Interview: Allyssa

Today we’re joined by Allyssa. Allyssa is a wonderful author and visual artist. For writing, she specializes in realistic fiction with plenty of LGBT+ characters. In visual art, she does drawing and painting, both in abstract and realistic styles. It’s clear she’s a passionate and dedicated artist, as you’ll soon read. My thanks to her for taking the time to participate in this interview.



Please, tell us about your art.

I usually write, paint, and draw. My writing is typically from the point of view of a girl facing deep personal issues or mental health issues. I would classify my writing as realistic fiction. I write characters that are LGBTQ+ and are not considered the norm by society. My paintings are usually either abstract or realistic people. My drawings tend to stay on the side realistic portraits of women.

What inspires you?

People that inspire are Dodie Clark and Luna Lovegood. I love how they are unabashedly different and true to themselves. Dodie’s music is so full of heart and soul and emotion that I can’t help but feel inspired from it. The state of the world also inspires my writing and themes for my paintings. My art typically has undertones and themes of despair and how messed up the word is. On the other side of things, the beauty and complexity of humanity and nature never ceases to amaze me. My own issues with mental health and my poetic sort of view of the world helps me with using my words, choosing colors and shapes, and writing the darker parts of stories. My personal experiences with mental health gives me the ability to portray mental health in a more realistic way.

What got you interested in your field?  Have you always wanted to be an artist?

I first got into writing when I read the book Clockwork Princess by Cassandra Clare. It was written so beautifully and held so much emotion and creativity that I wanted to make something as wonderful. Family members, my older sister and my aunt, also influenced me with their art. I think I have always wanted to be an artist, especially when I look back and see how I was more content making something as a child rather than letting it disappear once playtime was over.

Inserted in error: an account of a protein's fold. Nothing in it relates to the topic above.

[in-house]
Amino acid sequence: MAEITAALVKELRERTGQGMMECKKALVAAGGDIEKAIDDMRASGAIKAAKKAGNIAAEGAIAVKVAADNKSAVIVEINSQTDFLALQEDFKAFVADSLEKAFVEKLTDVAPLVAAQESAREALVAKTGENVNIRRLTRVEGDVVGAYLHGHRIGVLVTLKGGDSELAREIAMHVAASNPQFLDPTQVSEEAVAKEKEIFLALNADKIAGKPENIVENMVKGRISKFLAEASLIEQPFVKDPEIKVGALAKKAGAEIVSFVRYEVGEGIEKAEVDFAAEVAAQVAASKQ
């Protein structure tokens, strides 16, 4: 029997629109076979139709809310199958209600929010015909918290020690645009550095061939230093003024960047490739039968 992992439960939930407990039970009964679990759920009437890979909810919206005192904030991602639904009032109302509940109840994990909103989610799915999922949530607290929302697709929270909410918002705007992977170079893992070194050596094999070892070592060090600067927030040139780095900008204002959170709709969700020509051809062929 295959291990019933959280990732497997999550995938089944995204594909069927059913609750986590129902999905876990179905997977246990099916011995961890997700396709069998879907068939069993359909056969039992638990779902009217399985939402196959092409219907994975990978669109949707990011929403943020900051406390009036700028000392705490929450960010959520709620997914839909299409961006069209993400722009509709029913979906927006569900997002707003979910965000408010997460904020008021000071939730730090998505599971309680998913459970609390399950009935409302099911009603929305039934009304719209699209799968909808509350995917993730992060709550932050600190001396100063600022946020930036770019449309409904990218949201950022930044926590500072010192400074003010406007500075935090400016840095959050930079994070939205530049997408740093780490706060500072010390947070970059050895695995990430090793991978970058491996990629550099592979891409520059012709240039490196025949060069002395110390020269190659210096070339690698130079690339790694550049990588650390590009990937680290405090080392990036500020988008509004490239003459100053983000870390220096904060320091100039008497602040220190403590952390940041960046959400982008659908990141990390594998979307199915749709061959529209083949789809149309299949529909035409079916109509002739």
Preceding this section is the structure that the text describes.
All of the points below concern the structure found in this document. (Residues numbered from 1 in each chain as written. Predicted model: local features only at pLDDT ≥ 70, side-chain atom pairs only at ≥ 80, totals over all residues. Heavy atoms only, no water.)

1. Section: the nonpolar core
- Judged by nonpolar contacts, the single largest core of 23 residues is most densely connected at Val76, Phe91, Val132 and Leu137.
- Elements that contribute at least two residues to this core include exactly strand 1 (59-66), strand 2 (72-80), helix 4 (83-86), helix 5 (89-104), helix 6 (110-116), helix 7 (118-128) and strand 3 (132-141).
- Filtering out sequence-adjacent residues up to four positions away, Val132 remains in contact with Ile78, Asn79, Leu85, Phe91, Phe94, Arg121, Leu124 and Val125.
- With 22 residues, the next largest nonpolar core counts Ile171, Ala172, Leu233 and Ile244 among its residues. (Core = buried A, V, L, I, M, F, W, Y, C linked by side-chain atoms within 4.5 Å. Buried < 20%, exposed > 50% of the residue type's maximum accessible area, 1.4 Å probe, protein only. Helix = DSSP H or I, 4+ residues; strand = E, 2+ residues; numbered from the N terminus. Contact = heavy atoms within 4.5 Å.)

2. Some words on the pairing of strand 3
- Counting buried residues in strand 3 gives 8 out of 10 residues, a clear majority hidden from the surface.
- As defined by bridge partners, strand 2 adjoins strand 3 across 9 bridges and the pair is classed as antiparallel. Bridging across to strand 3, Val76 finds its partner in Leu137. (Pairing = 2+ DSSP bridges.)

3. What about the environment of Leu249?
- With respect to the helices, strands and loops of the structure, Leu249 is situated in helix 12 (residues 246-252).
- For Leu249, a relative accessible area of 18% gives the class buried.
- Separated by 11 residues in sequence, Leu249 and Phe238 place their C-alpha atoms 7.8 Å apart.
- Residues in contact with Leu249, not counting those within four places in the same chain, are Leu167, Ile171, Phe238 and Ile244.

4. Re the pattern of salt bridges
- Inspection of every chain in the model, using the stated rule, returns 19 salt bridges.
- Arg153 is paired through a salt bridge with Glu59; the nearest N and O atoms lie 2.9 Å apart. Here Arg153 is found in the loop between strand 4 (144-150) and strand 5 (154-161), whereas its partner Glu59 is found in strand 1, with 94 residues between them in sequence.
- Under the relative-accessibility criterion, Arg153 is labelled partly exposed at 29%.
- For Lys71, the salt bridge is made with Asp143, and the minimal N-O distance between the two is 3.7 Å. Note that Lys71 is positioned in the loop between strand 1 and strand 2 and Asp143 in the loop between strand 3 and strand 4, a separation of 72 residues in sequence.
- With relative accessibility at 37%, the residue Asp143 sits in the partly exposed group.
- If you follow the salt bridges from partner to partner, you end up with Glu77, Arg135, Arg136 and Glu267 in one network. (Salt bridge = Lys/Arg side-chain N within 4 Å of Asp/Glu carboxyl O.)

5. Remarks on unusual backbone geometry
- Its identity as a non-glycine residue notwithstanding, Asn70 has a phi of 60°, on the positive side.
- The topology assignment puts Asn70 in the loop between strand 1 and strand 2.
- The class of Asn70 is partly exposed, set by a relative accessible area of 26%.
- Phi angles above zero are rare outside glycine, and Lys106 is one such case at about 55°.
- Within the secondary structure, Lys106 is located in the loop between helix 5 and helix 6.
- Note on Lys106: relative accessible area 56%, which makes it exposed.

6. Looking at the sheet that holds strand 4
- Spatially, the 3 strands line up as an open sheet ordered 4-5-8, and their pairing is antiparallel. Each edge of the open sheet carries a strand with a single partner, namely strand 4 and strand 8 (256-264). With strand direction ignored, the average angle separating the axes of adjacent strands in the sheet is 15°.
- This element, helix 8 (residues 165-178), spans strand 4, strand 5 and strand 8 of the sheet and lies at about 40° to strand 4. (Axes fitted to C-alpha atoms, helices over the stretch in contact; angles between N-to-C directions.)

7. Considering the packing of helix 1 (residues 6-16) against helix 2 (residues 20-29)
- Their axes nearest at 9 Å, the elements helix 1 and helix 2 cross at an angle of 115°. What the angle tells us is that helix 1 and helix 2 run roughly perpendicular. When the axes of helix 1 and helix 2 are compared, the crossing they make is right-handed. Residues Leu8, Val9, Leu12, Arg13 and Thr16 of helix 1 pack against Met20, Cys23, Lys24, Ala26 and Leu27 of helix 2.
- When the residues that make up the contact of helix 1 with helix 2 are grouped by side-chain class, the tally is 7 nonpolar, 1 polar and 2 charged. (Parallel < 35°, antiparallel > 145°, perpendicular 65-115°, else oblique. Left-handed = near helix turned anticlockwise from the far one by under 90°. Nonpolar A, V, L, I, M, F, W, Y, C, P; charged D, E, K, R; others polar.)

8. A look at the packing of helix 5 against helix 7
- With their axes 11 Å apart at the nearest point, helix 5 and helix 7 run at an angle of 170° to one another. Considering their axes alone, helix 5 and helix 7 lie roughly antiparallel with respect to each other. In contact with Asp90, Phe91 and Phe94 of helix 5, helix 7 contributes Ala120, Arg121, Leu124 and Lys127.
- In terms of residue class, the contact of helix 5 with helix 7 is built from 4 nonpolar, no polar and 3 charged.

Do you have any kind of special or unique signature, symbol, or feature you include in your work that you’d be willing to reveal?

Something that I always include in my writing is a character that is LGBTQ+, neurodivergent, or defies gender roles. My paintings and drawings are also almost always a portrait of a young adult woman that has some kind of physical flaw.

What advice would you give young aspiring artists?

Though I am a young aspiring writer myself, my advice to others like me is to write what you love to write and to write something with feeling. Write what you feel passionate about and that you feel could make an impact on someone, even if it’s just one person, and if that one person is yourself.


Where on the spectrum do you identify?

I identify as noviromantic asexual. I have never had a crush on anyone and did not want to have sex with anyone now or in the future. My romantic orientation is complicated and a mixture of many different romantic orientations. Some of the basics are hetero and demi romantic. Most parts of my romantic orientation seem contradicting to each other and is hard to describe, so I use novi. Majority of my romantic orientation is part of the aromantic spectrum.

Have you encountered any kind of ace prejudice or ignorance in your field?  If so, how do you handle it?

I haven’t encountered any prejudice, but that’s mostly because I haven’t told anyone besides my two closest and open-minded friends. I don’t hide the way I feel. When the topic of sexual orientation comes up and anyone asks me, I just say that I’m not attracted to anyone in that way. No one has had an issue with that so far, though I have only used the word asexual to describe myself to the two friends.

What’s the most common misconception about asexuality that you’ve encountered?

The most common misconception I’ve seen is that it is cut and clean, that you either don’t feel any sexual or romantic attraction or you do. This is something that my struggles with accepting the labeling I use fed on.

What advice would you give to any asexual individuals out there who might be struggling with their orientation?

I advise anyone who is struggling with their asexuality to not be afraid of the terms and slang used. You can identify however you feel suits you. Once I found a community and people that didn’t criticize my orientation, I felt so much happier and comfortable with myself. Know that you don’t have to use terms you don’t feel comfortable using to please the people around you. Your orientation is for you, not other people. Orientation is fluid, and it’s not your obligation to make other people feel comfortable with who you are.

Finally, where can people find out more about your work?

You can find me on Tumblr. I have two separate accounts. I post my writing and artwork on this account. My other account is mostly quotes, art, fandom, and other things I enjoy and inspire me. You can find that account here.

Thank you, Allyssa, for participating in this interview and this project. It’s very much appreciated.

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